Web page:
Well, Jonathan thought, Rick O’Connell would either love her or realize that he was a coward and run away like the rest, and leave them to deal with the mummy alone. Jonathan spun the key idly on the countertop, wondering which option O’Connell would choose. He was inclined to think that O’Connell would stay. He was a good man, likeable, even if he was a little rough around the edges. And he was a heroic type--how he hadn’t died a miserable death during the War was really beyond Jonathan. All of the heroic types he had served with had only made it home in a box. Others were only Known to God, buried in the Flanders mud. Jonathan knew that he was no hero. He hadn't wanted to be on the Front and he didn't want to fight the mummy now. But what one wanted was never really considered in the grand scheme of things. Events happened, a mummy's curse was unleashed on the world, and one simply got on with the business of defeating it. Jonathan knew that, and he knew that O'Connell did, too.
A soft box landed on his ear. Jonathan started and looked around. O’Connell had come up behind him, his face set. He gestured over his shoulder at Winston Havelock. Hurriedly, Jonathan shoved the key into his breast pocket and reached for the bottle of scotch.
“--hasn’t been a single challenge worthy of a man like me,” Winston was saying.
O’Connell yanked a bar stool out and sat on it. “Yeah, we all got our little problems today, don’t we, Winston?”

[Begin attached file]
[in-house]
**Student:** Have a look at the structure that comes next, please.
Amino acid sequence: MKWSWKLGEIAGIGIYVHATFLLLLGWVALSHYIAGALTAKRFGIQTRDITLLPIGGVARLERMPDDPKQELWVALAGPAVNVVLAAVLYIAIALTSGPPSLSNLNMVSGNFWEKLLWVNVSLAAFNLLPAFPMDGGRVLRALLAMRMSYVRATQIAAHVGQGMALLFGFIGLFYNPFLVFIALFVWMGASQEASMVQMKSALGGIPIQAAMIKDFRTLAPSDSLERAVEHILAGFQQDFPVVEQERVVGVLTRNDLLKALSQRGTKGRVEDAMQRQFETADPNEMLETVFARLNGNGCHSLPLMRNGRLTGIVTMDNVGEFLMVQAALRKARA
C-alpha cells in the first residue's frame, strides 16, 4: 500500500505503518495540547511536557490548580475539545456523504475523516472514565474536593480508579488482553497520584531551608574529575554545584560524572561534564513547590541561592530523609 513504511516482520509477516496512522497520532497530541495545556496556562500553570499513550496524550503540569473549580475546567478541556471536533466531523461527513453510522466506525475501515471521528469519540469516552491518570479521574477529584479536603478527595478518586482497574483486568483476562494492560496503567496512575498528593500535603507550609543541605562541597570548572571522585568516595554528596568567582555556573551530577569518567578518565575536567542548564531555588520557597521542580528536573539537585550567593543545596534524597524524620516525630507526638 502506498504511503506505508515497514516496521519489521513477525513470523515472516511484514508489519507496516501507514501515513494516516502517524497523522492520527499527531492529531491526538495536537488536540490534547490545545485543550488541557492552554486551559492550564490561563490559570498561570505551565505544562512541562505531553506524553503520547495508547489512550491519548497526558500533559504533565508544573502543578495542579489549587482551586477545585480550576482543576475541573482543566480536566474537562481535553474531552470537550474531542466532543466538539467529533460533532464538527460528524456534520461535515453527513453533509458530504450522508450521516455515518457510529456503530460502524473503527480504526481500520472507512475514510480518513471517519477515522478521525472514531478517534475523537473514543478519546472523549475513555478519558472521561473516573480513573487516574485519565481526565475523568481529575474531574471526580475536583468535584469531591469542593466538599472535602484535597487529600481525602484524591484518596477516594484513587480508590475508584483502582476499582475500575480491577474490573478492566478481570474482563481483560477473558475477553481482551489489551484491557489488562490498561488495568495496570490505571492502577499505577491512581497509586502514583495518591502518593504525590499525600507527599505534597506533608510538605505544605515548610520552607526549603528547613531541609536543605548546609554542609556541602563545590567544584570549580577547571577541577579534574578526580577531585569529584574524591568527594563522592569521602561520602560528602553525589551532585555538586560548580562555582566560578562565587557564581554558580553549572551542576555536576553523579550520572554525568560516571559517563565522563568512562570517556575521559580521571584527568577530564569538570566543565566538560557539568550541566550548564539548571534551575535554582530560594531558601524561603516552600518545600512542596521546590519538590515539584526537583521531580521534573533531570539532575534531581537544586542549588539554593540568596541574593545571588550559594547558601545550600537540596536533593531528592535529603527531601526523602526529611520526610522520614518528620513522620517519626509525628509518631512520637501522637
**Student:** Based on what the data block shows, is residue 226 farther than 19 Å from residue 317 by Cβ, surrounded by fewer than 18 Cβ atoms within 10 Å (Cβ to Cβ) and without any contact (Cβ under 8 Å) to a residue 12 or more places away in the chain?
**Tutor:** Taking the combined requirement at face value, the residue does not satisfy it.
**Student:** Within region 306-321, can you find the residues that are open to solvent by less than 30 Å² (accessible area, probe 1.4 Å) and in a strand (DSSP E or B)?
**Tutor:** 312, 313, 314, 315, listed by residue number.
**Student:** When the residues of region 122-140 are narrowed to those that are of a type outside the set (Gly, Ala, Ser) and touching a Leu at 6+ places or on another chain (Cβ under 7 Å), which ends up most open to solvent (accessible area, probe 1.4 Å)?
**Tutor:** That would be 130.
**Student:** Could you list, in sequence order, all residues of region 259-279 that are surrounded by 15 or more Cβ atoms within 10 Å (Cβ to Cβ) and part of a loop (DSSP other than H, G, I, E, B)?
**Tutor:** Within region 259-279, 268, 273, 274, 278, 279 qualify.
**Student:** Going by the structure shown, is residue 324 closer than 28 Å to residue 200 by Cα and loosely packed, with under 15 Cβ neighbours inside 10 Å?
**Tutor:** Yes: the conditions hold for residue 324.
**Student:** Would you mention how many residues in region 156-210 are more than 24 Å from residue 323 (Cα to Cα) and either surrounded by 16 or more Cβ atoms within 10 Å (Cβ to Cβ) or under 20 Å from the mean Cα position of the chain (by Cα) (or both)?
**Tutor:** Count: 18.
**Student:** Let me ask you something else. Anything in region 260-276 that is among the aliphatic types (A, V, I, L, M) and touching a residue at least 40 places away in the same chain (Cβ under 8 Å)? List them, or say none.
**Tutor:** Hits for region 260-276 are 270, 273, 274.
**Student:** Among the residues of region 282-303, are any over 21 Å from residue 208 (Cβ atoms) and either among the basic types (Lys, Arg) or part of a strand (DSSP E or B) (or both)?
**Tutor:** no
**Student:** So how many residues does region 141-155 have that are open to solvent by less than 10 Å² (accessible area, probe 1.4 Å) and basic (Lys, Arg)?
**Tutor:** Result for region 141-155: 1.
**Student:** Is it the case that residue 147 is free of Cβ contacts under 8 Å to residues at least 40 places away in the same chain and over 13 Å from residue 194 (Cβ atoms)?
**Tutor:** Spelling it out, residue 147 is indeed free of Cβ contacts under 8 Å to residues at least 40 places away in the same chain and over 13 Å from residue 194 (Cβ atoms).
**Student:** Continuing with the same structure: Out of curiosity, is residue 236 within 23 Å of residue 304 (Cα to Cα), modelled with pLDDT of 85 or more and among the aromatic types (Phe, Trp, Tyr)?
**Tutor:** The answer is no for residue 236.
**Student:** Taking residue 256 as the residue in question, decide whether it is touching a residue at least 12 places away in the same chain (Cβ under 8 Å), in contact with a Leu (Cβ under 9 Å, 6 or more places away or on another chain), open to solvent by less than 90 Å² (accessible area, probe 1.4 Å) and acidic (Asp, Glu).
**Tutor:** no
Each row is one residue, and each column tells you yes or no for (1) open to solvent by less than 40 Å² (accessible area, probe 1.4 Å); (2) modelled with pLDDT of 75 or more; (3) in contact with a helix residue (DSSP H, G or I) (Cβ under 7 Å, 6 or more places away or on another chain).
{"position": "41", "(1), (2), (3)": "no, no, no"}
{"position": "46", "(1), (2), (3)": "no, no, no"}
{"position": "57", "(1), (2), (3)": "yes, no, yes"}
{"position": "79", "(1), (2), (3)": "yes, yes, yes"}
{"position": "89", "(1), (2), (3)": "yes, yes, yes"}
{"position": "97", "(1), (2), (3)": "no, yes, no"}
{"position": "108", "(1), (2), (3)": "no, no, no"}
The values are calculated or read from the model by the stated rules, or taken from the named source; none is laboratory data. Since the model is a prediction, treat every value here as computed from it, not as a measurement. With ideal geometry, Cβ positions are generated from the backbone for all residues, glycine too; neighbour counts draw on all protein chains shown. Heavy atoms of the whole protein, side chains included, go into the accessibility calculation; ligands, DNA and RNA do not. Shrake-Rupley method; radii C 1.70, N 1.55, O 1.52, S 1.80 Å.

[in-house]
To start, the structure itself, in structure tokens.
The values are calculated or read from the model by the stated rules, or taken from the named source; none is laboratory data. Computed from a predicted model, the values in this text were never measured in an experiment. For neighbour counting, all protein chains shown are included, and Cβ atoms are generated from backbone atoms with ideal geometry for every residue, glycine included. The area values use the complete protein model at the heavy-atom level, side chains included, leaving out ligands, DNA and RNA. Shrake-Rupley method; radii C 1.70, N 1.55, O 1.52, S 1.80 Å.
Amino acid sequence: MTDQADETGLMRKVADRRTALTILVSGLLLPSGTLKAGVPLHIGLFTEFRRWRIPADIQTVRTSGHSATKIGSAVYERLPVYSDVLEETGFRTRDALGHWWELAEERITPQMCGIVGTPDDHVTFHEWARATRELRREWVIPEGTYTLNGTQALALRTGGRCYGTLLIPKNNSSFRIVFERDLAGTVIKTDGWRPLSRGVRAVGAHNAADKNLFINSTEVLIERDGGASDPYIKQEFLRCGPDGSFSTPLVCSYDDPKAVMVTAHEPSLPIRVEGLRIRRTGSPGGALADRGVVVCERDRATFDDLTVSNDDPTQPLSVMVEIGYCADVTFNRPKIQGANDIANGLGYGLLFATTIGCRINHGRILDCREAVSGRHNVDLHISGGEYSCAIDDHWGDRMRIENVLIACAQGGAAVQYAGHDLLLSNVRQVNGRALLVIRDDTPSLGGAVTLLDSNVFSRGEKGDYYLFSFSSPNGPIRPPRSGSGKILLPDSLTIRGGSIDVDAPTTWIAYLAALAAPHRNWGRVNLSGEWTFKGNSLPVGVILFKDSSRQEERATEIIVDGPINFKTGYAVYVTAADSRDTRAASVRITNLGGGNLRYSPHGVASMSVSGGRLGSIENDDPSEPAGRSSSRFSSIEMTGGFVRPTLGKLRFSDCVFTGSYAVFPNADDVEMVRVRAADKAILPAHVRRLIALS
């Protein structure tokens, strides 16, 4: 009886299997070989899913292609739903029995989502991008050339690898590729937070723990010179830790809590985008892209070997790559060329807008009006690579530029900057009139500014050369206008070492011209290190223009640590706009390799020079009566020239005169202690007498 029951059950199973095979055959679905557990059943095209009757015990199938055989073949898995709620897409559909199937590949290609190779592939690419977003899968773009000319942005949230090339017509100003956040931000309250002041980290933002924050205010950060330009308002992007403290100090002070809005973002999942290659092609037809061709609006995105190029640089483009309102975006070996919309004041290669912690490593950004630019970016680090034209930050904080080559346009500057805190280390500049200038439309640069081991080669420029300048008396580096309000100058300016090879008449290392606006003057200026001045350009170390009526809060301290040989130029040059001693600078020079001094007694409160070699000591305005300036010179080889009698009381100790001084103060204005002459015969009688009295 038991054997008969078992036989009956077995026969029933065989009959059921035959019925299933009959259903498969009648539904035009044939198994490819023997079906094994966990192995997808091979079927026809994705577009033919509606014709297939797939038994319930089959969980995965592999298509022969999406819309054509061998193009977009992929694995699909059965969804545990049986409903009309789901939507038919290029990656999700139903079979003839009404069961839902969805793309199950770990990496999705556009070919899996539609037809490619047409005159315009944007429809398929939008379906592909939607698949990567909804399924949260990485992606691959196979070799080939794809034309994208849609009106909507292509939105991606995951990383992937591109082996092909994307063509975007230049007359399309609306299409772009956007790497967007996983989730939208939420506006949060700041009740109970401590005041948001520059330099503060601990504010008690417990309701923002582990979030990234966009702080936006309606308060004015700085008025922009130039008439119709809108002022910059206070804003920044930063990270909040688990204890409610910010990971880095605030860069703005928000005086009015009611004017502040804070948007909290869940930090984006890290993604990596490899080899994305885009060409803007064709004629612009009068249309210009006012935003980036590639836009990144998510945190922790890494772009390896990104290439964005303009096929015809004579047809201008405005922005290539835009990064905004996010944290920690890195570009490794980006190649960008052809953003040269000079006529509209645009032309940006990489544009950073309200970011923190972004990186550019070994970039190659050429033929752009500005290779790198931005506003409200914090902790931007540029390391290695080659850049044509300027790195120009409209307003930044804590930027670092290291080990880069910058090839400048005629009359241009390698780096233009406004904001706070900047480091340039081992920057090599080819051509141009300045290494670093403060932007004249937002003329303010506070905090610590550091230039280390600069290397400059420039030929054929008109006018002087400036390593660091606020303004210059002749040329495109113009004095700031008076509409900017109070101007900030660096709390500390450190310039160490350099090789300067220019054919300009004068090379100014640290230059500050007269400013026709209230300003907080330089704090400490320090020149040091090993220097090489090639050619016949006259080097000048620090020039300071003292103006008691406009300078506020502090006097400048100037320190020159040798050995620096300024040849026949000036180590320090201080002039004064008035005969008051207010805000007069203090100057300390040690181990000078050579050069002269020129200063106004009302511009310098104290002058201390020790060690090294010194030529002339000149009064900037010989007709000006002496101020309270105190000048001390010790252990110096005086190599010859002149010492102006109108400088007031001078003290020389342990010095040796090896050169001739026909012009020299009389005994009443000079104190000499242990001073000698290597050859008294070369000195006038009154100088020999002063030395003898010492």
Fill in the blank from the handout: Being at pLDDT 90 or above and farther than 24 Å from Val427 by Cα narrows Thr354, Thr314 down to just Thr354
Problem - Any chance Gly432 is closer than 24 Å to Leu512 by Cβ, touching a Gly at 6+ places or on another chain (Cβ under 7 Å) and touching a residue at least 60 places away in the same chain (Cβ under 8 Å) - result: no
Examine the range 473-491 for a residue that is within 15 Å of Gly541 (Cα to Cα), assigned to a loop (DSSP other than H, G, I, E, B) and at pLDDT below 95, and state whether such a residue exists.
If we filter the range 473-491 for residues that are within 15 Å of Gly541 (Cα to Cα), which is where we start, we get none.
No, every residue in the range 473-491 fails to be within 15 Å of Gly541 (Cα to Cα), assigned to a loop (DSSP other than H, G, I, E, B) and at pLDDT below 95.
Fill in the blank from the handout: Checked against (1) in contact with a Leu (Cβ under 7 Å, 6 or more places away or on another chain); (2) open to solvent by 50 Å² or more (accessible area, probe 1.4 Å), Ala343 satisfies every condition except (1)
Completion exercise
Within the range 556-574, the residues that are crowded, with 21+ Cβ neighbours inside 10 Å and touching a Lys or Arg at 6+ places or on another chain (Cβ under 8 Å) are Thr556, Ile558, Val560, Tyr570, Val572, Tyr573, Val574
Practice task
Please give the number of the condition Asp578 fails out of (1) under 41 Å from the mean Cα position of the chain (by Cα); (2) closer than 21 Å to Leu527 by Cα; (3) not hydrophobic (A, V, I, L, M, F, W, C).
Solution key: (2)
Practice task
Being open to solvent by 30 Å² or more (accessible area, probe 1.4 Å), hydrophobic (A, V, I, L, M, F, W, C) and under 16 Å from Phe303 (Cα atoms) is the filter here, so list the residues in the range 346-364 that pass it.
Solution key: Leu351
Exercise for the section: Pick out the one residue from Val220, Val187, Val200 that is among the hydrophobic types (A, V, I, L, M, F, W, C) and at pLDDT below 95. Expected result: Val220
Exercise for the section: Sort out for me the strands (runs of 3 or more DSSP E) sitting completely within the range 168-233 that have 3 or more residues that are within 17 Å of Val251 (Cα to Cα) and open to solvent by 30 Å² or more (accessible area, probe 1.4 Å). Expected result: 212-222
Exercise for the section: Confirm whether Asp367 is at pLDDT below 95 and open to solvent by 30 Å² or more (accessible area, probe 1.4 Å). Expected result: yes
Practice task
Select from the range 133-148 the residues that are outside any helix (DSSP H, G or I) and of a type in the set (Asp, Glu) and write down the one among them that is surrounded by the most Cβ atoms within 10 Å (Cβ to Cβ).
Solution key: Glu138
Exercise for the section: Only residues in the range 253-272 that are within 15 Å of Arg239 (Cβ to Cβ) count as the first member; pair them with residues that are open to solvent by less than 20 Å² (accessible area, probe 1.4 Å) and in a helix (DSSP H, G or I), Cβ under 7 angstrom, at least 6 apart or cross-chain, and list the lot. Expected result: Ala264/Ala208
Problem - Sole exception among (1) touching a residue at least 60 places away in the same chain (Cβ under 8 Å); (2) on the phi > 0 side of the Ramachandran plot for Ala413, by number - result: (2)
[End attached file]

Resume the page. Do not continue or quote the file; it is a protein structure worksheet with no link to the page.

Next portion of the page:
He looked exasperated and Jonathan suppressed a grin as he poured O’Connell a drink. That he had lost the argument with Evie was clear; Jonathan had figured he would. He poured himself out a measure of scotch, amused.
“I just wish I could have chucked it in with the others and gone down in flame and glory instead of sitting around here--”
“--rotting of boredom and booze,” Rick muttered with him.
“Cheers,” Winston finished, taking the glass from Jonathan’s hand and drinking. Jonathan sighed. Nothing was safe from Winston when he was on a bender. He smacked their backs a little too enthusiastically and shambled away.
“Tell me,” Rick said, hesitating with glass in hand, “Has your sister always been so…?”
“Oh yes. Always,” Jonathan replied ruefully, topping himself up.
O’Connell sighed. “She won’t go.”
“No.” Jonathan knocked his drink back. “She’s strong-minded, our Evie.”
“She says we have to go back and kill it,” O’Connell said, his voice surprisingly bleak. “But we can’t kill it. I tried.”
Jonathan shrugged. “Well, if anyone can find a way to put down an undead mummy, it’ll be Evie.” He looked sideways at O’Connell, who was frowning at the shot glass cradled in his hands. “You’re not leaving, then?”